Solar Project Crew Gets $2M in Back Pay


Painters, bridge crane operators and other skilled laborers will share $1,914,681.50 in back wages and benefits they are owed for months of work on a solar energy project in a Nevada desert, the U.S. Department of Labor has announced.

The back pay will go to 147 workers for Henderson, NV-based Proimtu Mmi-Nv LLC, a subcontractor providing construction services at the federally funded Crescent Dunes Solar Energy Project in the Tonopah desert.

Investigators said that from June 2013 through April 2014, Proimtu Mmi-Nv failed to pay workers the correct prevailing wage rates and fringe benefits for their job duties.

Crescent Dunes is a 110 MW solar energy power plant that will power up to 75,000 homes during peak electricity periods. The project is being developed by Santa Monica, CA-based SolarReserve.

Skewed Pay

According to the DOL, the contractor paid "general laborer" rates to workers who regularly performed skilled trades duties, such as painting, bridge crane operation, electrical work and ironworking.

Those jobs should have commanded fringe benefits and prevailing wages of up to double what they were actually paid.

With $737 million in federal loan guarantees, the project is subject to specific requirements under the Davis-Bacon and Related Acts.

The loan guarantees are from the U.S. Department of Energy under the American Recovery and Reinvestment (Stimulus) Act of 2009.

DBRA applies to contractors and subcontractors working on federally funded or assisted contracts exceeding $2,000 for the construction, alteration, or repair (including painting and decorating) of public buildings or public works.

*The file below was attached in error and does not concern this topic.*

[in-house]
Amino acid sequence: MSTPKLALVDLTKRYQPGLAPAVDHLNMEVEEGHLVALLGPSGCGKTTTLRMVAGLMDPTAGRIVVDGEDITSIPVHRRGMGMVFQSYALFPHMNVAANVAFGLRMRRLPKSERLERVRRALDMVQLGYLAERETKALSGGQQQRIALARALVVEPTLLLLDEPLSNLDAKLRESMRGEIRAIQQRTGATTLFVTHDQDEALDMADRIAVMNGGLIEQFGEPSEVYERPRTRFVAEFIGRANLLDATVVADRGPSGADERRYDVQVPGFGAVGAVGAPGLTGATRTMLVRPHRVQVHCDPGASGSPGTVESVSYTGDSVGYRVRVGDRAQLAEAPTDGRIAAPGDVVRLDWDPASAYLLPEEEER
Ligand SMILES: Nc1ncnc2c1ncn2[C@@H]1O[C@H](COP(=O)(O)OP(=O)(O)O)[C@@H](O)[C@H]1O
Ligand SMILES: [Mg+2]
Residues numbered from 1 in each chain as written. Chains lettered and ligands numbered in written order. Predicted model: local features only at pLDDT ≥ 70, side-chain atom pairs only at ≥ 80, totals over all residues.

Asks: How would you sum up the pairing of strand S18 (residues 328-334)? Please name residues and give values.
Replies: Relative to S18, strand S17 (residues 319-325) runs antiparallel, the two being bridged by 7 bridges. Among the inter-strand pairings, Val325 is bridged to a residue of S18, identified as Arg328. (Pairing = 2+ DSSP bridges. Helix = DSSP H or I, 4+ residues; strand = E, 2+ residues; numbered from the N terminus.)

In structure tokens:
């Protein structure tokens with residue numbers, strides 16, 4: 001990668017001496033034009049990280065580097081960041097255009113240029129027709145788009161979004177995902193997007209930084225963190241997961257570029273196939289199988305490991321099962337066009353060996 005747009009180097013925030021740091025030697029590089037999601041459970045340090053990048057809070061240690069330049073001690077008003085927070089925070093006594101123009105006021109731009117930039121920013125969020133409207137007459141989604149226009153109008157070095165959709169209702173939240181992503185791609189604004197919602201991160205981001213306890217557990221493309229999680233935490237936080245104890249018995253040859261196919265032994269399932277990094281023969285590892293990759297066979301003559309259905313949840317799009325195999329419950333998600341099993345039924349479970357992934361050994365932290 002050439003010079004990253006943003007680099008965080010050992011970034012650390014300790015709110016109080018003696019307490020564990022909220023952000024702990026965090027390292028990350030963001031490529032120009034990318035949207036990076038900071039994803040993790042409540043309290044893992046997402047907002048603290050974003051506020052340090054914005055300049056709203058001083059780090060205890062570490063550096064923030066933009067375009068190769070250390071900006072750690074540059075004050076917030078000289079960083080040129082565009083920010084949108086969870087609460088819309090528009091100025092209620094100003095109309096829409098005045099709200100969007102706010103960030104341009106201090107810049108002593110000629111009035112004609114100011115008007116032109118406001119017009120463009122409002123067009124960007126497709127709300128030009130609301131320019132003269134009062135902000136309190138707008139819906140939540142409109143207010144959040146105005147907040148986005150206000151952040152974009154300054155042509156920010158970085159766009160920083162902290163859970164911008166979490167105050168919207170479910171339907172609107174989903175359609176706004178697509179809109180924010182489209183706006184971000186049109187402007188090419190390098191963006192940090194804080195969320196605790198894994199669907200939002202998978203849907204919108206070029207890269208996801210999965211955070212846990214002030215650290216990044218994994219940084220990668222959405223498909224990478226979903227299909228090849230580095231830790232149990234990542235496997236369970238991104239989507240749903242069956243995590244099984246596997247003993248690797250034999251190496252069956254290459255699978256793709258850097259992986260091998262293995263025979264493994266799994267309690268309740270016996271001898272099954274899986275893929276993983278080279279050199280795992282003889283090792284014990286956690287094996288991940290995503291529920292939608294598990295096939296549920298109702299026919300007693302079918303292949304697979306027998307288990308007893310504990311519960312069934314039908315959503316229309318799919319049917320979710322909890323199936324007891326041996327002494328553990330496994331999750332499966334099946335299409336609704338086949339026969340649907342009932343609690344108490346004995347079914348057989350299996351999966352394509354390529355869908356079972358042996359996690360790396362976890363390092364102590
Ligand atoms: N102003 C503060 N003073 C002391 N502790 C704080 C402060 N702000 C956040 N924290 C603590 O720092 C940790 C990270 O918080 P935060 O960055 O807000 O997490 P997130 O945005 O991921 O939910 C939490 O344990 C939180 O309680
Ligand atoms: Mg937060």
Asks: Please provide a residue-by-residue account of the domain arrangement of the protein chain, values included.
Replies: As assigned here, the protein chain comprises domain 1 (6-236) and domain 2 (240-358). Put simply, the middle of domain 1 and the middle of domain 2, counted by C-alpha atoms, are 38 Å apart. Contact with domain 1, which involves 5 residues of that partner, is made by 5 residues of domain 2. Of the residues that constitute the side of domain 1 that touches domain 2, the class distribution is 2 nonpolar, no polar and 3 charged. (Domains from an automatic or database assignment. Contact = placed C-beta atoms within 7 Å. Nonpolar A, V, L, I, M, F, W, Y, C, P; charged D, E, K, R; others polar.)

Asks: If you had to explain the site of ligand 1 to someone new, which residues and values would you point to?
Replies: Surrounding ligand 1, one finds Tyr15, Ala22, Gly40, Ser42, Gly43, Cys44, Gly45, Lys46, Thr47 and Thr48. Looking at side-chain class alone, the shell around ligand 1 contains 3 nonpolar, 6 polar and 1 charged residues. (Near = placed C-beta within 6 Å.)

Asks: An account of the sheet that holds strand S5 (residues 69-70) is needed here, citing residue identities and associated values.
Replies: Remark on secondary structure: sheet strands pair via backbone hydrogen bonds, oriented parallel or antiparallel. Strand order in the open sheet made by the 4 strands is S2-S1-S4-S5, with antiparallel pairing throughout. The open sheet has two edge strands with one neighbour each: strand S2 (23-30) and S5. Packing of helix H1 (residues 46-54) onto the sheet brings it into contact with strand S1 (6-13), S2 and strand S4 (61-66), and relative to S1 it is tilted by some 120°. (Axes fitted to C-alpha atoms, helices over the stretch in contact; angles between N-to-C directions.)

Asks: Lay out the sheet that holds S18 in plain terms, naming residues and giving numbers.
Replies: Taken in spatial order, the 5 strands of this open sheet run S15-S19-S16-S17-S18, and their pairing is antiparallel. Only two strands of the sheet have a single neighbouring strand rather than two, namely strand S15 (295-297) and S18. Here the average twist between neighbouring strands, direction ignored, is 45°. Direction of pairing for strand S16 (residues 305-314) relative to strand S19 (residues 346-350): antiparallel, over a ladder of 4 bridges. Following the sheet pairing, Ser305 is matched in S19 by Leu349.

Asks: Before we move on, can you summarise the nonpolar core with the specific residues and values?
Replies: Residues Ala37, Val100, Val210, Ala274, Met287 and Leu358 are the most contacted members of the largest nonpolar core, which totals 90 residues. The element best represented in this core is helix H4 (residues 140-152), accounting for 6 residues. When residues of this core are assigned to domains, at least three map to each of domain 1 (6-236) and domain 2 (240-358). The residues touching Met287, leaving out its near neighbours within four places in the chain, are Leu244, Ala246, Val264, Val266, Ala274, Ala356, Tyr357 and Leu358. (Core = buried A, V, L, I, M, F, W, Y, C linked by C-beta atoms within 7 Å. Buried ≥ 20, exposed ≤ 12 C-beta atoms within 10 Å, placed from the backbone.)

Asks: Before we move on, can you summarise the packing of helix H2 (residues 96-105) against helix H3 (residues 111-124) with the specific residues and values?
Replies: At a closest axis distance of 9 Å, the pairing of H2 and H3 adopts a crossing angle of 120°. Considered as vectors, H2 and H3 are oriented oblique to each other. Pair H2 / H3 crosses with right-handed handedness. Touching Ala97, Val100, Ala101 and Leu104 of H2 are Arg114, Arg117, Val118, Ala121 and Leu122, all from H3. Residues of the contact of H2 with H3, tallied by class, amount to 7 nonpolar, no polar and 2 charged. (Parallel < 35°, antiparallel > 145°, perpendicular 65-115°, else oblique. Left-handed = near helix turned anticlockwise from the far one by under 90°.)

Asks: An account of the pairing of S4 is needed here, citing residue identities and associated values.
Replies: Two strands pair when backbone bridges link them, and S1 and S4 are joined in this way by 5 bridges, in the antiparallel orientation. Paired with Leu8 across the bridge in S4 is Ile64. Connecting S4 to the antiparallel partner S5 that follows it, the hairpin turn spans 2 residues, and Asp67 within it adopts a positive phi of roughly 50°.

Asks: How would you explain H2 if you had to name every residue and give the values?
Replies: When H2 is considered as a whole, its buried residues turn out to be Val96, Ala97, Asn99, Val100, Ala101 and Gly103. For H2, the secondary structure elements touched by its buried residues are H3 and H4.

Investigators said Proimtu Mmi-Nv paid painters, bridge crane operators, and others general labor wages instead of the amount for skilled trades, about double the amount.

Under the act, laborers and mechanics are to at least receive locally prevailing wages and fringe benefits, as determined by the Department of Labor, for corresponding work on similar projects in the area.

'Hard-Earned Pay'

"The money we've recovered for these workers is not a windfall—it is their hard-earned pay that their employer was legally obligated to pay them but did not," said Dr. David Well, administrator of the DOL's Wage and Hour Division.

"Companies that benefit from federal funding must see to it that the money is used properly, and that their workers are compensated according to the law."

Proimtu Mmi-Nv also has to now properly classify its workers by paying them the correct prevailing wages and fringe benefits for all hours worked, including overtime, as required.

The company also agreed to raise awareness about prevailing wages with other employees working at the Crescent Dunes project.


Tagged categories: American Recovery and Reinvestment Act; Contractors; Department of Labor; Government contracts; Labor; North America; Painters; Power; Program/Project Management; Solar energy; Subcontractors; U.S. Department of Energy

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